Education can be a powerful tool of social transformation for conflict-affected communities. Conversely, teaching methods or content can also perpetuate ideas and practices that contribute to conflict, such as prejudice and inequality. Conflict Sensitive Education provides a way forward to respond to these communities while stymying potential destabilizing influences.
Leading guidance on Conflict Sensitive Education has been developed collaboratively by The Inter-Agency Network for Education in Emergencies (INEE). INEE is an open, global network of members working together within a humanitarian and development framework to ensure that all individuals have the right to a quality, safe, relevant and equitable education.
There are three main steps to implementing Conflict Sensitive Education, according to research from INEE:
Understand the conflict context. Collect information from a broad and diverse group of stakeholders to understand conflict dynamics, trends, and direct and indirect impacts. All stakeholders—children, caregivers, teachers, school counselors, ministry officials, minority communities— must participate to understand fully how the ongoing or past conflict interacts with the education system for ALL participants.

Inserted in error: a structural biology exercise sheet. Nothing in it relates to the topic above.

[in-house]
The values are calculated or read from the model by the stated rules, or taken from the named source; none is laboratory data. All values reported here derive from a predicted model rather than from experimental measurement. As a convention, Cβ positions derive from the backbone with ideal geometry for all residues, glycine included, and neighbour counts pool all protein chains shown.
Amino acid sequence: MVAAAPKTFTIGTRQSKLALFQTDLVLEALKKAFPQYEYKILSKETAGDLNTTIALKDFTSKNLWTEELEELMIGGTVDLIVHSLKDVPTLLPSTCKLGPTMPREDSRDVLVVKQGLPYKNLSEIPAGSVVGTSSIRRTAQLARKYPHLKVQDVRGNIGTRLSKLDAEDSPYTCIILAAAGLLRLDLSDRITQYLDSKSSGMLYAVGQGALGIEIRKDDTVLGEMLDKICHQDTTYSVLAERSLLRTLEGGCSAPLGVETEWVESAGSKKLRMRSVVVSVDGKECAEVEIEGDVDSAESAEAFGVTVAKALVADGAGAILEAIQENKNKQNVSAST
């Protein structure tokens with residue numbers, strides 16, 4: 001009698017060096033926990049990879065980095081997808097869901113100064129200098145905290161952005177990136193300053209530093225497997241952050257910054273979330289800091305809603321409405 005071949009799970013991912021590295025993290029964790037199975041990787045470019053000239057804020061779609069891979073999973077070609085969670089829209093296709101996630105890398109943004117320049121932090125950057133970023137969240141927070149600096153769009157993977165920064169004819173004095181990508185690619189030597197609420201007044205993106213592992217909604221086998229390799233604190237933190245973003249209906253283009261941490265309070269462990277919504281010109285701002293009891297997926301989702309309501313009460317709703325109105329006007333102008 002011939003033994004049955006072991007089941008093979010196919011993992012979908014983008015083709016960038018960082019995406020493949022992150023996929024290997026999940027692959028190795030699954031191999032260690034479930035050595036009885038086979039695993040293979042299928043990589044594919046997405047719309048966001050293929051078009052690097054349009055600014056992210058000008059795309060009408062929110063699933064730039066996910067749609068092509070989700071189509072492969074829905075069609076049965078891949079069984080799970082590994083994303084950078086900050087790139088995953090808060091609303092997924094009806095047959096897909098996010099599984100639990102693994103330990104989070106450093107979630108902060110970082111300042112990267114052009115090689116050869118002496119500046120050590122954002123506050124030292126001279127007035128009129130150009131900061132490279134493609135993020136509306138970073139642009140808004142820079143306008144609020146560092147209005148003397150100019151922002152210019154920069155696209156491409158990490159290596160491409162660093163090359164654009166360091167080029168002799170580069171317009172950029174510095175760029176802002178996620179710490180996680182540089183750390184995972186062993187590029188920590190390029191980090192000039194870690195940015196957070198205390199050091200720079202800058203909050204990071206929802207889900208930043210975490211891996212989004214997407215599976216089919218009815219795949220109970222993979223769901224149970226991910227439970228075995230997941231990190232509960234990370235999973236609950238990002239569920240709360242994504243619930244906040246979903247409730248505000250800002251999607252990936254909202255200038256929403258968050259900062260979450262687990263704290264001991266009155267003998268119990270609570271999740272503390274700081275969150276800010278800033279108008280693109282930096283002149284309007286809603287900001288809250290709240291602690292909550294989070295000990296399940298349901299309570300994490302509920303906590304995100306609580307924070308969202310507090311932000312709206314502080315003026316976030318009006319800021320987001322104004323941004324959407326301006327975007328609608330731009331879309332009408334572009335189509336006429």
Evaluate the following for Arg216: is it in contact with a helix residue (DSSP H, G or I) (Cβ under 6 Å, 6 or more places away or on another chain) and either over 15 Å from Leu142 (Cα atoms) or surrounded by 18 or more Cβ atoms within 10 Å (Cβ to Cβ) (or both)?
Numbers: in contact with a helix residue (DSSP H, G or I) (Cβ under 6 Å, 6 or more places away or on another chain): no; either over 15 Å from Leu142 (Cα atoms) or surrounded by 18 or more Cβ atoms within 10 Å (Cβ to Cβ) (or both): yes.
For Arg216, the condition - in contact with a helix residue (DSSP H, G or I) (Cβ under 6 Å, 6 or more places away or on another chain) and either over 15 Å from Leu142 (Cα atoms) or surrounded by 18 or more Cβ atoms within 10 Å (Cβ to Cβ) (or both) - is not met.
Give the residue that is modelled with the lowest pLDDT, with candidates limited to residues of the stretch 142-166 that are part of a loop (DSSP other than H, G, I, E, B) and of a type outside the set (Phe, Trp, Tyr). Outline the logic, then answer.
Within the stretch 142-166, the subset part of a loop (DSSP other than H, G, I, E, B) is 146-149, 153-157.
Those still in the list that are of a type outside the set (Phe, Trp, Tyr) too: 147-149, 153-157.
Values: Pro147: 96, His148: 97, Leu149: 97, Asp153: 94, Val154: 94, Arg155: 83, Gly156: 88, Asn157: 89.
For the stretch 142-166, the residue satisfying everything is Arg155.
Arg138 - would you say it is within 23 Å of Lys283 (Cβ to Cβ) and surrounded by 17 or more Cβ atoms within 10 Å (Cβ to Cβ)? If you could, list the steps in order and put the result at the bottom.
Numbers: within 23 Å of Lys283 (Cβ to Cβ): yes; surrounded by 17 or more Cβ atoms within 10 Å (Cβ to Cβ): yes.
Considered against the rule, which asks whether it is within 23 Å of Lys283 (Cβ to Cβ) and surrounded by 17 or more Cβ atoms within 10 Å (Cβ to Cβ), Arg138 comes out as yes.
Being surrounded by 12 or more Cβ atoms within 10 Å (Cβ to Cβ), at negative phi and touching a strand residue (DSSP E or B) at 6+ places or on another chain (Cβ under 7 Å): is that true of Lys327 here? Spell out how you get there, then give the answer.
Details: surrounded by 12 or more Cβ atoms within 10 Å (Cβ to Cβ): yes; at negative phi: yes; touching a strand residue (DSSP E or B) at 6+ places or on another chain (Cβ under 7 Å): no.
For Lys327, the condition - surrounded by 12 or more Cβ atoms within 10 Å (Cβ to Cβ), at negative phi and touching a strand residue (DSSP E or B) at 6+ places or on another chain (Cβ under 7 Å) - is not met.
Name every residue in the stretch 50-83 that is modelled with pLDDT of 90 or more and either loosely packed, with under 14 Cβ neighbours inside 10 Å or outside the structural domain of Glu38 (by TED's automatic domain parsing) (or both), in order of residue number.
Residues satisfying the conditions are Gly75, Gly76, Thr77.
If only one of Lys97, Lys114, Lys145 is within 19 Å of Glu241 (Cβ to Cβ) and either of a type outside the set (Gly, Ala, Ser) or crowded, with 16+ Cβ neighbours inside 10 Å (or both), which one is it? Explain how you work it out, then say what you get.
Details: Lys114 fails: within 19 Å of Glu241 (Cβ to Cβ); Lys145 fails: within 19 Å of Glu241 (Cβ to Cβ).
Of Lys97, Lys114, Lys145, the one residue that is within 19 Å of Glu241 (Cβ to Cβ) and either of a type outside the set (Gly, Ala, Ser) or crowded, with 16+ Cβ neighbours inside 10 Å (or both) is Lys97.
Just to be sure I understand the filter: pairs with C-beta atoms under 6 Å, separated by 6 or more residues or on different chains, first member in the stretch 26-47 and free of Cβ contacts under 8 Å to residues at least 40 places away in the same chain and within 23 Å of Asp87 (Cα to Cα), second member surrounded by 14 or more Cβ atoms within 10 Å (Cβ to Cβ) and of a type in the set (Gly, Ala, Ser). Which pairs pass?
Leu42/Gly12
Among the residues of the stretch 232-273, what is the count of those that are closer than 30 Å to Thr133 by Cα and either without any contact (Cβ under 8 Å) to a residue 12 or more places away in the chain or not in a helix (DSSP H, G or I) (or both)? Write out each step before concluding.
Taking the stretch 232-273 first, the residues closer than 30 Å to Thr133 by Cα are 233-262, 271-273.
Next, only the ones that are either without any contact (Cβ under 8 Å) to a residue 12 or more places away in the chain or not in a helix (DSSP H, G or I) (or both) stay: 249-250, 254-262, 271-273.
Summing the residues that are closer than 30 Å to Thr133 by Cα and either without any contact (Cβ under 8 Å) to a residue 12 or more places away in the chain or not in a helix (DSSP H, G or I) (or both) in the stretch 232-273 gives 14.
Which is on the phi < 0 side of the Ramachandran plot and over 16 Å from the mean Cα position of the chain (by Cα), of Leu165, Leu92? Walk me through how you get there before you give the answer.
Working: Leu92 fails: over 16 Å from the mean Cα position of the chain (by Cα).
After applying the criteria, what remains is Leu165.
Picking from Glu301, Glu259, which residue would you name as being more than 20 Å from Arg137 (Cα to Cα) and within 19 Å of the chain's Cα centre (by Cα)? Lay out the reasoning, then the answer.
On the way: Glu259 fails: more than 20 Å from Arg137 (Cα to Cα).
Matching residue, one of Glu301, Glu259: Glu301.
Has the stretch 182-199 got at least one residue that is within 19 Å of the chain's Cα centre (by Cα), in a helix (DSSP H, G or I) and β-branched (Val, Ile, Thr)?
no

Analyze the two-way interaction between the conflict context and the education system and policies. This analysis includes the development, planning and delivery of education. How is certain curriculum content embedding bias or anger? Is there curriculum content promoting conflict resolution? Are teachers trained to promote, ignore or refute current events? Is there diversity among the teaching staff? Who and how are teaching and learning materials developed and distributed, and does it fuel one side of a conflict?
Collaboratively act to minimize negative impacts and maximize positive impacts of education policies and programming on conflict. This includes strategies to support the educational system, teachers, caregivers and students with the skills, values and knowledge for responsible citizenship and peacebuilding.
Strategies can include, but are not limited to:
Curriculum reform to ensure no bias and inclusion of topics such as critical thinking, human rights, citizenship education, nonviolence, conflict prevention and resolution.
Training content for teachers that is conflict sensitive and includes competencies on participatory methodologies, human rights, conflict dynamics and transformation, identity issues, responsible citizenship, reconciliation, nonviolent alternatives, multi-grade instruction, and addressing historical memory.